A message from U-M administrators and faculty and student leaders

To All Members of the University Community:

In the days since last Tuesday’s election, people in our community have experienced hateful attacks, both on an individual level and as members of groups.  As leaders of our campus, we want to speak out against these behaviors and express our hopes for moving forward.

We saw a threatening message painted on the rock near our campus; a student walking near campus was threatened with being lighted on fire because she wore a hijab (this crime alert has been canceled); another student left his apartment to go to class and found a swastika with a message telling him to go home.  Some students have also been shouted at and accused of being racist because of their political views.

Emotions are high all across the political spectrum. We hope all members of our community can agree that we must not stand silent while facing expressions of bigotry, discrimination or hate that have become part of our national political discourse. Only by speaking out against personal attacks, hate and threats can we move on to have the discussions that will be necessary for our campus and our nation to reach its full potential.

We do not seek to suppress political speech or ongoing debate of key issues. Rather, we are asking everyone to reject hate and bigotry and to provide personal support for one another. People of widely varying ideologies have expressed this idea, and we are confident that it represents the ideals of the vast majority of our community.

Additionally, members of our community have asked about resources that are available to help them report or address episodes of bias and hate in the campus community during what is a difficult time for many.

All members of the campus community may contact the Bias Response Team here.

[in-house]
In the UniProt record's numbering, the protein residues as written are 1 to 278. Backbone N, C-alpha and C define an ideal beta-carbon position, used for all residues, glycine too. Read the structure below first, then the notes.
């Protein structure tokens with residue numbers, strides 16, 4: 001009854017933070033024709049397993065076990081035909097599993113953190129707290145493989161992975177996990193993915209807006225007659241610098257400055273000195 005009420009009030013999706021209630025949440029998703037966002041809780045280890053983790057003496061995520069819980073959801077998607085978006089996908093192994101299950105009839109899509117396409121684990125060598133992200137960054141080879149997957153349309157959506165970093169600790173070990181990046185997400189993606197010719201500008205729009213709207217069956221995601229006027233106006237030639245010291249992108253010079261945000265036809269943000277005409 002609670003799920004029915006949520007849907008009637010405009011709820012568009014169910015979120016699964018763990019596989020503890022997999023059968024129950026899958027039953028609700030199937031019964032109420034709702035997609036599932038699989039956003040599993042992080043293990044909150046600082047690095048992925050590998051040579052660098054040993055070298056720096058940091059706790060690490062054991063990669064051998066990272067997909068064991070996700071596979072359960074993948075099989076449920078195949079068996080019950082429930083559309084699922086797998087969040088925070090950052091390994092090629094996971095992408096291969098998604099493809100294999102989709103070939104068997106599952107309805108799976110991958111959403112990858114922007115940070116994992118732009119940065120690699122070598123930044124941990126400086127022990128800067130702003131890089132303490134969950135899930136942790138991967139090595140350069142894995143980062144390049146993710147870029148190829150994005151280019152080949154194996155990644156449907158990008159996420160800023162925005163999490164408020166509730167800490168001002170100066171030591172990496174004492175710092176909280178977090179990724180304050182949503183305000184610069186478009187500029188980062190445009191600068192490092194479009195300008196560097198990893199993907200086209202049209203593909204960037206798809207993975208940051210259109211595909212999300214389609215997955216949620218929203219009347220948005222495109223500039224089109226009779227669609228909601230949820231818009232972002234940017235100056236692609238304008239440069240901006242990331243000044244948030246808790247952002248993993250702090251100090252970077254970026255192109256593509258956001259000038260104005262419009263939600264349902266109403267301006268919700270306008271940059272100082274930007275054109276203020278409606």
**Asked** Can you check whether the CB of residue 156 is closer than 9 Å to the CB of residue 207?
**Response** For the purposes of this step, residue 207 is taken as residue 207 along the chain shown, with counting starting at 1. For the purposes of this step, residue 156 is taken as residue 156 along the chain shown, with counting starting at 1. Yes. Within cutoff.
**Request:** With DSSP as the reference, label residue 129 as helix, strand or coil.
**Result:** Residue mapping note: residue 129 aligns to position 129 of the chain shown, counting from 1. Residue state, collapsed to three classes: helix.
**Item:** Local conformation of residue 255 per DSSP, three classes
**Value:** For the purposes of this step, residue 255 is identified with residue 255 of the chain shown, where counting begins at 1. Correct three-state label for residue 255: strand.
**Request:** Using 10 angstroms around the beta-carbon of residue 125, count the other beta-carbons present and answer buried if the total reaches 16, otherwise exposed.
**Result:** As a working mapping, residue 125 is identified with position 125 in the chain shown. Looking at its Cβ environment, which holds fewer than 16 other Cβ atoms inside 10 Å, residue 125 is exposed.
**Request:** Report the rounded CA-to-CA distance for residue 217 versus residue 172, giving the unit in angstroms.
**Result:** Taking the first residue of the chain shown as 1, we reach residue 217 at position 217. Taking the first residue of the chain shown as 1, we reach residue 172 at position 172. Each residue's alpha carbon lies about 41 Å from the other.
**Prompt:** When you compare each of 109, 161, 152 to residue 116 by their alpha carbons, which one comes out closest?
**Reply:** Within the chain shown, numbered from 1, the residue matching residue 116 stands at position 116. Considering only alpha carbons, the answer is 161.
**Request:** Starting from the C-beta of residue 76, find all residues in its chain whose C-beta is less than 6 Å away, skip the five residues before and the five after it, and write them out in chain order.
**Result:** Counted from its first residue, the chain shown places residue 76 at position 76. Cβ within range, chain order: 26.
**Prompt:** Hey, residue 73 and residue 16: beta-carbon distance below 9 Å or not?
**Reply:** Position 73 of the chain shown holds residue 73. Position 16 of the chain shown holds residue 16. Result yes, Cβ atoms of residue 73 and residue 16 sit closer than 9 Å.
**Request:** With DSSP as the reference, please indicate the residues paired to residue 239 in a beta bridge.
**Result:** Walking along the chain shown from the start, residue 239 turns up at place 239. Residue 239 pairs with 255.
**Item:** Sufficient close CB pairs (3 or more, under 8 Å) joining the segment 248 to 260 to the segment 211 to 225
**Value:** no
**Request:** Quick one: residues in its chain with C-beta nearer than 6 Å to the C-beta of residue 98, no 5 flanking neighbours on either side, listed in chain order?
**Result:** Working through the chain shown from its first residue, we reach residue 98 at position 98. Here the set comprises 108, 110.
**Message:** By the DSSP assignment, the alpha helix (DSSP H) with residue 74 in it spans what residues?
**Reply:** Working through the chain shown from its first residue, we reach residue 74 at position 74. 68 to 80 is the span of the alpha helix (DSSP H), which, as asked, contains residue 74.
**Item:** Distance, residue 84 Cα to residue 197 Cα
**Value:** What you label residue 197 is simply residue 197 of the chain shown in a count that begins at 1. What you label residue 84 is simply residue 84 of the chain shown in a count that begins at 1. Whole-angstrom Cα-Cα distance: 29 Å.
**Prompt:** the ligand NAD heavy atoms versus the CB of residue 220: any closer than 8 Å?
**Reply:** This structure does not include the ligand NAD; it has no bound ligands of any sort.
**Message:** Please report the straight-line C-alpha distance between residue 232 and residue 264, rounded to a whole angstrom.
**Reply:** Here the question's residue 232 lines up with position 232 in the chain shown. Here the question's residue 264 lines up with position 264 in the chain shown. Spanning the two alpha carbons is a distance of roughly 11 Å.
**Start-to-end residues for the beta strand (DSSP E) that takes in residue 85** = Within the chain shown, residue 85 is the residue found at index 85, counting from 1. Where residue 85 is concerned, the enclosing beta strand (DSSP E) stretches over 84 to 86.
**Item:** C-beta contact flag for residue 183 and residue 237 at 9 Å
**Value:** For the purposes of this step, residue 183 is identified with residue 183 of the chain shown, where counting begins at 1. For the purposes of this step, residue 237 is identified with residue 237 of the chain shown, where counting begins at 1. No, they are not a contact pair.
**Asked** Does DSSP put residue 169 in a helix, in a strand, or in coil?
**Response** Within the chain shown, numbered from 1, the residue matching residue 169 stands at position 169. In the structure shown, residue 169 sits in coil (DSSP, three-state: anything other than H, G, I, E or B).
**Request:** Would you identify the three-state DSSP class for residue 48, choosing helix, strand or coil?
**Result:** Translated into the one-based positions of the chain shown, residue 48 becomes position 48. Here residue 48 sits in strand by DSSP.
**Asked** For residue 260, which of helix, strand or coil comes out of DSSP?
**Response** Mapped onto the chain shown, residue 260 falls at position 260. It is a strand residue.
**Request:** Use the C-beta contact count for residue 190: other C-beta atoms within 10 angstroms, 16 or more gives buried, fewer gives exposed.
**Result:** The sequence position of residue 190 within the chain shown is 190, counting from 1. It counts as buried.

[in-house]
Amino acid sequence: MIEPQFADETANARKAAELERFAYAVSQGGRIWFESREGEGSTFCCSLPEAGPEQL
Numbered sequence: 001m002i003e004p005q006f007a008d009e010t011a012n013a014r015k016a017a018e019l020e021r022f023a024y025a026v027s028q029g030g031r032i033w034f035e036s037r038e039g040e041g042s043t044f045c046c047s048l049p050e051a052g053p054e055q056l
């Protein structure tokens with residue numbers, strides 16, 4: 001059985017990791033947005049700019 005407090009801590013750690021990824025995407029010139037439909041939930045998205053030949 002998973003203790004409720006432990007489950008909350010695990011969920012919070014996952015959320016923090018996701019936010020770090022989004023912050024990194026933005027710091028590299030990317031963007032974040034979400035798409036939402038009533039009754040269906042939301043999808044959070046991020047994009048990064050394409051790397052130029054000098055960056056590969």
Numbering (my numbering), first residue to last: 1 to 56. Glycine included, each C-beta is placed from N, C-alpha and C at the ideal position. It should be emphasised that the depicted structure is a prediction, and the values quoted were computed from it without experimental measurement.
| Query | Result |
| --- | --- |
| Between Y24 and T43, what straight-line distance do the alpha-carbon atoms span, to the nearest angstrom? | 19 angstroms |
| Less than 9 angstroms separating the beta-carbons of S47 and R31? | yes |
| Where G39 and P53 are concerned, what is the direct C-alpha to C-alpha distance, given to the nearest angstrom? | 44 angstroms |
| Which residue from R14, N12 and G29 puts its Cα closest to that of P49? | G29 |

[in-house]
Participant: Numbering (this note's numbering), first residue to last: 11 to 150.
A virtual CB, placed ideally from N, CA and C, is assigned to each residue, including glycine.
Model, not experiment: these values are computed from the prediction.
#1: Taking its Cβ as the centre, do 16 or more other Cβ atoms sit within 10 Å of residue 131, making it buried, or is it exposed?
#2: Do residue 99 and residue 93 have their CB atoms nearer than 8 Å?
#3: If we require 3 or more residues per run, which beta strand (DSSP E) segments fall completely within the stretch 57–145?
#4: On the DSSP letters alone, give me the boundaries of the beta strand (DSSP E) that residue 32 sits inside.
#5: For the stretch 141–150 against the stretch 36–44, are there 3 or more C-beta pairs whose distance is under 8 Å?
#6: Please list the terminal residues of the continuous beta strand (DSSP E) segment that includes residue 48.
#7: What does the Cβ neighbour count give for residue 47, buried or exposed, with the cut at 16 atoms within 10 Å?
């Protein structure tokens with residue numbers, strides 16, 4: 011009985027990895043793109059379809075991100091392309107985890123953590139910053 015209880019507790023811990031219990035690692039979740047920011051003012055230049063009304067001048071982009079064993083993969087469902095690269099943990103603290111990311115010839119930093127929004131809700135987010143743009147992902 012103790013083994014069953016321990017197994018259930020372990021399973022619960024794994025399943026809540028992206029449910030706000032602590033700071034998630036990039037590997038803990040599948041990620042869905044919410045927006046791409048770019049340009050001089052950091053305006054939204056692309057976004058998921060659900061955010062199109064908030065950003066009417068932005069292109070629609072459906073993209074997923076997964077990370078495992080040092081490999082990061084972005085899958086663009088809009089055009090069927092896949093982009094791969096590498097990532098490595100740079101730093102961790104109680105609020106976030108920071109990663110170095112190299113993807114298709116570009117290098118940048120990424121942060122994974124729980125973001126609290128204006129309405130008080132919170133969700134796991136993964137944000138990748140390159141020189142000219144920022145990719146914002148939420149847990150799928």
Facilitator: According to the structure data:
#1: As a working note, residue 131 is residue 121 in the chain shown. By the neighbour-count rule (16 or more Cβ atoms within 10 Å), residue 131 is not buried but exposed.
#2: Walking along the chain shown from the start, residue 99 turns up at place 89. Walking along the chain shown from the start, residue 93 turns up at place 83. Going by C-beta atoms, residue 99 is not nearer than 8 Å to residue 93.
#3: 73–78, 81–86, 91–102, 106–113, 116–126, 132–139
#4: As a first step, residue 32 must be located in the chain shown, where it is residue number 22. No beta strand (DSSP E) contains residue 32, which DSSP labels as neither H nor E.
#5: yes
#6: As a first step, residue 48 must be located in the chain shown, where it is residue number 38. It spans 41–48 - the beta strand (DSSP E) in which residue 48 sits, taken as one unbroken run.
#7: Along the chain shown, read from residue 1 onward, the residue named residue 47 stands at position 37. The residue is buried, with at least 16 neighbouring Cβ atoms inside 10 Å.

Information on Reporting on Hate Crimes and Bias-Related Incidents is here.

The Center for Research on Learning and Teaching’s advice on Responding to Incidents of Hate Speech is here.

A list of Available Resources from our Division of Public Safety and Security is here.

While we are deeply concerned about the many incidents of hate and bigotry that have occurred recently, we are also buoyed by the way in which many in our community have come together to support each other. Thanks to everyone in the University of Michigan community who is working to advance respect, inclusivity and peaceful expression. We applaud our students, faculty and staff who endeavor to “challenge the present and enrich the future.”


Mark S. Schlissel


Martha E. Pollack
Provost and Executive Vice President for Academic Affairs


E. Royster Harper
Vice President for Student Life


Robert M. Sellers
Vice Provost for Equity & Inclusion and Chief Diversity Officer


William Schultz
Chair, SACUA/Senate Assembly


David Schafer
President, Central Student Government


Chukwuka C. Mbagwu
President, Rackham Student Government


Eddie L. Washington, Jr.
Executive Director, Division of Public Safety and Security